Liquidity in Retirement Savings Systems
July 15, 2015
Liquid retirement savings (meaning those that can be easily accessed when needed) are desirable because liquidity enables individuals to access emergency cash before retirement. On the other hand, pre-retirement liquidity is undesirable when it leads to under-saving arising from, for example, planning mistakes or self-control problems.
After examining six developed countries, faculty researchers at Harvard find that all of them, with the sole exception of the United States, have made their defined contribution savings accounts overwhelmingly illiquid before age 55:
- Germany, Singapore, and the United Kingdom have banned early withdrawals, with only disabled or terminally ill people able to make withdrawals.
- Canada and Australia generally do not allow withdrawal unless an individual experiences loss of employment.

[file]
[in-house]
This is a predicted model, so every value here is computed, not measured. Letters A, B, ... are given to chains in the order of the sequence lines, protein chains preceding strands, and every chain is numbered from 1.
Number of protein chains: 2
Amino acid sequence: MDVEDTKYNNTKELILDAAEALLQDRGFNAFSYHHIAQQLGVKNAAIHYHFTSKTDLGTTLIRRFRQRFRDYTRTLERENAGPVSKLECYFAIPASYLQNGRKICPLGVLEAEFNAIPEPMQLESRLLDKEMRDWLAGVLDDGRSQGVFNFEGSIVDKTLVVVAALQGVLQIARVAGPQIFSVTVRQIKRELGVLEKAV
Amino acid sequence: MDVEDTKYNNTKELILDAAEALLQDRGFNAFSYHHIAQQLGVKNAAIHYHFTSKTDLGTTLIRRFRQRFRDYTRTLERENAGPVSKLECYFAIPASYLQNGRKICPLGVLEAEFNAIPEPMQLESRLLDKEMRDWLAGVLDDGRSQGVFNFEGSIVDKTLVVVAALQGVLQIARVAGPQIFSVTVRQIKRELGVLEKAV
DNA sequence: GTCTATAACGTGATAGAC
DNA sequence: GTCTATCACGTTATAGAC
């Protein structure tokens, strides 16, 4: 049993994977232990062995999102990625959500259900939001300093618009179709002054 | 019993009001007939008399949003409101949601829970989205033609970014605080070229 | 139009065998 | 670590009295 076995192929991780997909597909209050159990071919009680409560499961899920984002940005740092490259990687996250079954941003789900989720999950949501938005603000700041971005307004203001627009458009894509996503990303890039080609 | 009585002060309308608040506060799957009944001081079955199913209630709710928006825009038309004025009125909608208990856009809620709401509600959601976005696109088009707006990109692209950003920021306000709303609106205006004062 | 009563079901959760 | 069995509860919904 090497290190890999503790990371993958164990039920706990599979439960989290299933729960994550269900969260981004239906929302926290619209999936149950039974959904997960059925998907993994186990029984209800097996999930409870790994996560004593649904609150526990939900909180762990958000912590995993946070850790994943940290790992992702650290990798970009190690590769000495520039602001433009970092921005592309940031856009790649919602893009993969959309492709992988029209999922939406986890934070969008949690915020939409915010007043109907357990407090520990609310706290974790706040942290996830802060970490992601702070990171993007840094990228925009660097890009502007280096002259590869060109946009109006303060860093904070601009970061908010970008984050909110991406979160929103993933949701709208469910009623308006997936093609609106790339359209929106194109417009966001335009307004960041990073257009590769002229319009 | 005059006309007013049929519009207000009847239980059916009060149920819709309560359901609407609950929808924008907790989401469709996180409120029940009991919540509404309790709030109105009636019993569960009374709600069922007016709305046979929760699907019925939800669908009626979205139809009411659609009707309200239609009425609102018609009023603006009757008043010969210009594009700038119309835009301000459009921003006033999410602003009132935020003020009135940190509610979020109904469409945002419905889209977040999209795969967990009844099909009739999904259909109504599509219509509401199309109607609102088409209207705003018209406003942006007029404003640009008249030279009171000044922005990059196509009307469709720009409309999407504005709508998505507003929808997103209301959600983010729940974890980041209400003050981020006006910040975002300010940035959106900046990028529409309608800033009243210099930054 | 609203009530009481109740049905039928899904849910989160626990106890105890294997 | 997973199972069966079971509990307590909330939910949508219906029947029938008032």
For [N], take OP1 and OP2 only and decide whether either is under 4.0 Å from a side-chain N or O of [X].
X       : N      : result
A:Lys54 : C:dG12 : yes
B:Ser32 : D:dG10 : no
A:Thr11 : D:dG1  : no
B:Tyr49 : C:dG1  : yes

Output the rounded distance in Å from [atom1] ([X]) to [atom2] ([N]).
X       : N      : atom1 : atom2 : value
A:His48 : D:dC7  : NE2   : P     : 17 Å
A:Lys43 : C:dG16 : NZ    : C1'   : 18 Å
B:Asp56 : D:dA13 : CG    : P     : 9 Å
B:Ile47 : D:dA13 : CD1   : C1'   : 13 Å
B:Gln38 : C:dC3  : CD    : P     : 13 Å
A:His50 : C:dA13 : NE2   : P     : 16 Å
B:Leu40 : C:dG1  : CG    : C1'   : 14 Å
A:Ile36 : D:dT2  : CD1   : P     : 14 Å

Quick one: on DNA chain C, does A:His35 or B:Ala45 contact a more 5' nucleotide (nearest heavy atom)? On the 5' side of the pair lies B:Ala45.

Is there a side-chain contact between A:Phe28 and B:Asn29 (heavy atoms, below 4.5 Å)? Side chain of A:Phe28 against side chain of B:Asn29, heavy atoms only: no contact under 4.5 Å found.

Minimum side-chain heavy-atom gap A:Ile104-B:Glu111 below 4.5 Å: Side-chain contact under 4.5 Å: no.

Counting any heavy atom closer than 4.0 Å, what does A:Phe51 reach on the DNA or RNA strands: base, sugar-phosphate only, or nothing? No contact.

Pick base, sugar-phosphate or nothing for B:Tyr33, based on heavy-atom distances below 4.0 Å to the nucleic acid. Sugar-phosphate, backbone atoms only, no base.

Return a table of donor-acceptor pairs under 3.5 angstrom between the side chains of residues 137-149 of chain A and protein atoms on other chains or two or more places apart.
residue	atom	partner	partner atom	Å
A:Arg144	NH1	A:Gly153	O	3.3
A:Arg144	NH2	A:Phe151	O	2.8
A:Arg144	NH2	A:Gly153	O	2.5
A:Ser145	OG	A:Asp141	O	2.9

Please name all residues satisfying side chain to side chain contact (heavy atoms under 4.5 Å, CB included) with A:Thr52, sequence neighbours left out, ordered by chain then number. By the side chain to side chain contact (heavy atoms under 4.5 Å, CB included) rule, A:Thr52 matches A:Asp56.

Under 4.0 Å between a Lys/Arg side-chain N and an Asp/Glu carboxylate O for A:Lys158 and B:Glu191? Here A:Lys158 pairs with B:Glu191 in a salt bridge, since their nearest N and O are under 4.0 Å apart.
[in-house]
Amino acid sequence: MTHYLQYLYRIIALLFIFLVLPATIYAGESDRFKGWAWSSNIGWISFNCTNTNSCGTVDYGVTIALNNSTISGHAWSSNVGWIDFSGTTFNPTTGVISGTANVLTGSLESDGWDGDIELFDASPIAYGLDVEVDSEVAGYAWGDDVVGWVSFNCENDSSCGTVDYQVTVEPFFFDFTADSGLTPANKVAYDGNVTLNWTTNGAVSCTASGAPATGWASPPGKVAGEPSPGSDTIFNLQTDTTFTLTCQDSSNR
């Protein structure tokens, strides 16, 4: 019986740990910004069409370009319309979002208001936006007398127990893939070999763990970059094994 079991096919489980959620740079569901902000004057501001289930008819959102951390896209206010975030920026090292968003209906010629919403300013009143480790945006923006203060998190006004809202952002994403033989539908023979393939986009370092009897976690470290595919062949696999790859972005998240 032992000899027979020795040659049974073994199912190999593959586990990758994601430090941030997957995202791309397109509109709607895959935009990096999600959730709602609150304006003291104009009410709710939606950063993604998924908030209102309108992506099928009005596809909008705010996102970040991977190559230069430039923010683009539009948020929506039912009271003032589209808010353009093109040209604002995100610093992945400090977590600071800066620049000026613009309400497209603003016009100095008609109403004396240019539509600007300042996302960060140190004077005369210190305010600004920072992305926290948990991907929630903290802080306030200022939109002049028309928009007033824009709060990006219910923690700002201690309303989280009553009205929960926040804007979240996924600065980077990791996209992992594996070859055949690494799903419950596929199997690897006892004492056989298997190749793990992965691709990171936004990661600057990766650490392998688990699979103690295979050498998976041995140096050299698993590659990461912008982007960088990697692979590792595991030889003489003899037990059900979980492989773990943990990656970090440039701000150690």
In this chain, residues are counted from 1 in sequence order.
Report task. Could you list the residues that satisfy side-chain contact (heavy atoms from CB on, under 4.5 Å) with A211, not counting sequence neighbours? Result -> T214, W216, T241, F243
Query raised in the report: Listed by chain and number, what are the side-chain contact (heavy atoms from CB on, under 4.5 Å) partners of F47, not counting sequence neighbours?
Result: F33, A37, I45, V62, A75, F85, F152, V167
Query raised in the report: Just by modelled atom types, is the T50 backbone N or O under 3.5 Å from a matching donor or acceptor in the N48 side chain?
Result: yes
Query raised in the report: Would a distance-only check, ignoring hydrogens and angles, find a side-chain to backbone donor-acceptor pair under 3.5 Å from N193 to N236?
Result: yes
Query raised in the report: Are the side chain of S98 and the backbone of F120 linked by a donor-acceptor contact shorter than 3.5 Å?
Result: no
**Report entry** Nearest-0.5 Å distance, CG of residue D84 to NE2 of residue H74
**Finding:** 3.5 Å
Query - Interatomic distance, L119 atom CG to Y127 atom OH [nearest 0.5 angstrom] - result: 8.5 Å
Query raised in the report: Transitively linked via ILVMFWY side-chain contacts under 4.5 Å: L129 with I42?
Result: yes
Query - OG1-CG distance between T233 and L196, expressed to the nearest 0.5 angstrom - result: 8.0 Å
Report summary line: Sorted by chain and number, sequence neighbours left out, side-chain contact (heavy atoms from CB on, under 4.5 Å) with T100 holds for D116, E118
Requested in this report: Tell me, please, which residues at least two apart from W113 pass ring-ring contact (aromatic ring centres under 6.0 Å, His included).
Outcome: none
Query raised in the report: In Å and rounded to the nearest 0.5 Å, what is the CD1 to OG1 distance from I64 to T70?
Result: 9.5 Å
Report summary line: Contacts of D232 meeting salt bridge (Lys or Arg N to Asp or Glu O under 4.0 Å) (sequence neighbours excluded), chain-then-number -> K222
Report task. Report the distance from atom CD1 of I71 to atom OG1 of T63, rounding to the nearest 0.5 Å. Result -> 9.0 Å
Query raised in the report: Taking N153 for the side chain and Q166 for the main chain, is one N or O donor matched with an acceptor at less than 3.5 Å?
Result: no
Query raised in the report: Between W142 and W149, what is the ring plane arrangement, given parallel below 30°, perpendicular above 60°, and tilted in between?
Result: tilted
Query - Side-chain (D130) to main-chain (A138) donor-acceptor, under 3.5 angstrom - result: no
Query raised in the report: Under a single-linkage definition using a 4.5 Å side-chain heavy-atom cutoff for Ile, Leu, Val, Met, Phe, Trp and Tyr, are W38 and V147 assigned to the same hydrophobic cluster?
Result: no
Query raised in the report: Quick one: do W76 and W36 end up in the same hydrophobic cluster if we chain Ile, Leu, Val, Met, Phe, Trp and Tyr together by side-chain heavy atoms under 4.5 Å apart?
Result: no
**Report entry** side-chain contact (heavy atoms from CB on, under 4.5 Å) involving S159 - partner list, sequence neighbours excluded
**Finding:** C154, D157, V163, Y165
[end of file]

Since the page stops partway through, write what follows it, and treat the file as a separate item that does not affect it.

- Ontario is different than the rest of Canada in that it allows withdrawals in cases where income falls below a threshold in the previous period.
- Australia does not allow withdrawal unless the household is long term unemployed and receiving government support for 26 weeks.
- The United States allows withdrawal at all levels of income and in almost all situations at a maximum tax penalty of 10 percent, plus applicable federal taxes.
The researchers hypothesize that the differences between the U.S. and elsewhere may be due to several factors:
- A preference for economic freedom as an ends in itself.
- The private retirement system may only be a supplement to another larger government run retirement system.
- Self-control differences and the benefits of flexibility in response to economic disaster.
The liquidity variations do not appear to result from differences in safety net programs.
Source: John Beshears et al., "Liquidity in Retirement Savings Systems: An International Comparison," Harvard Kennedy School, May 2015.
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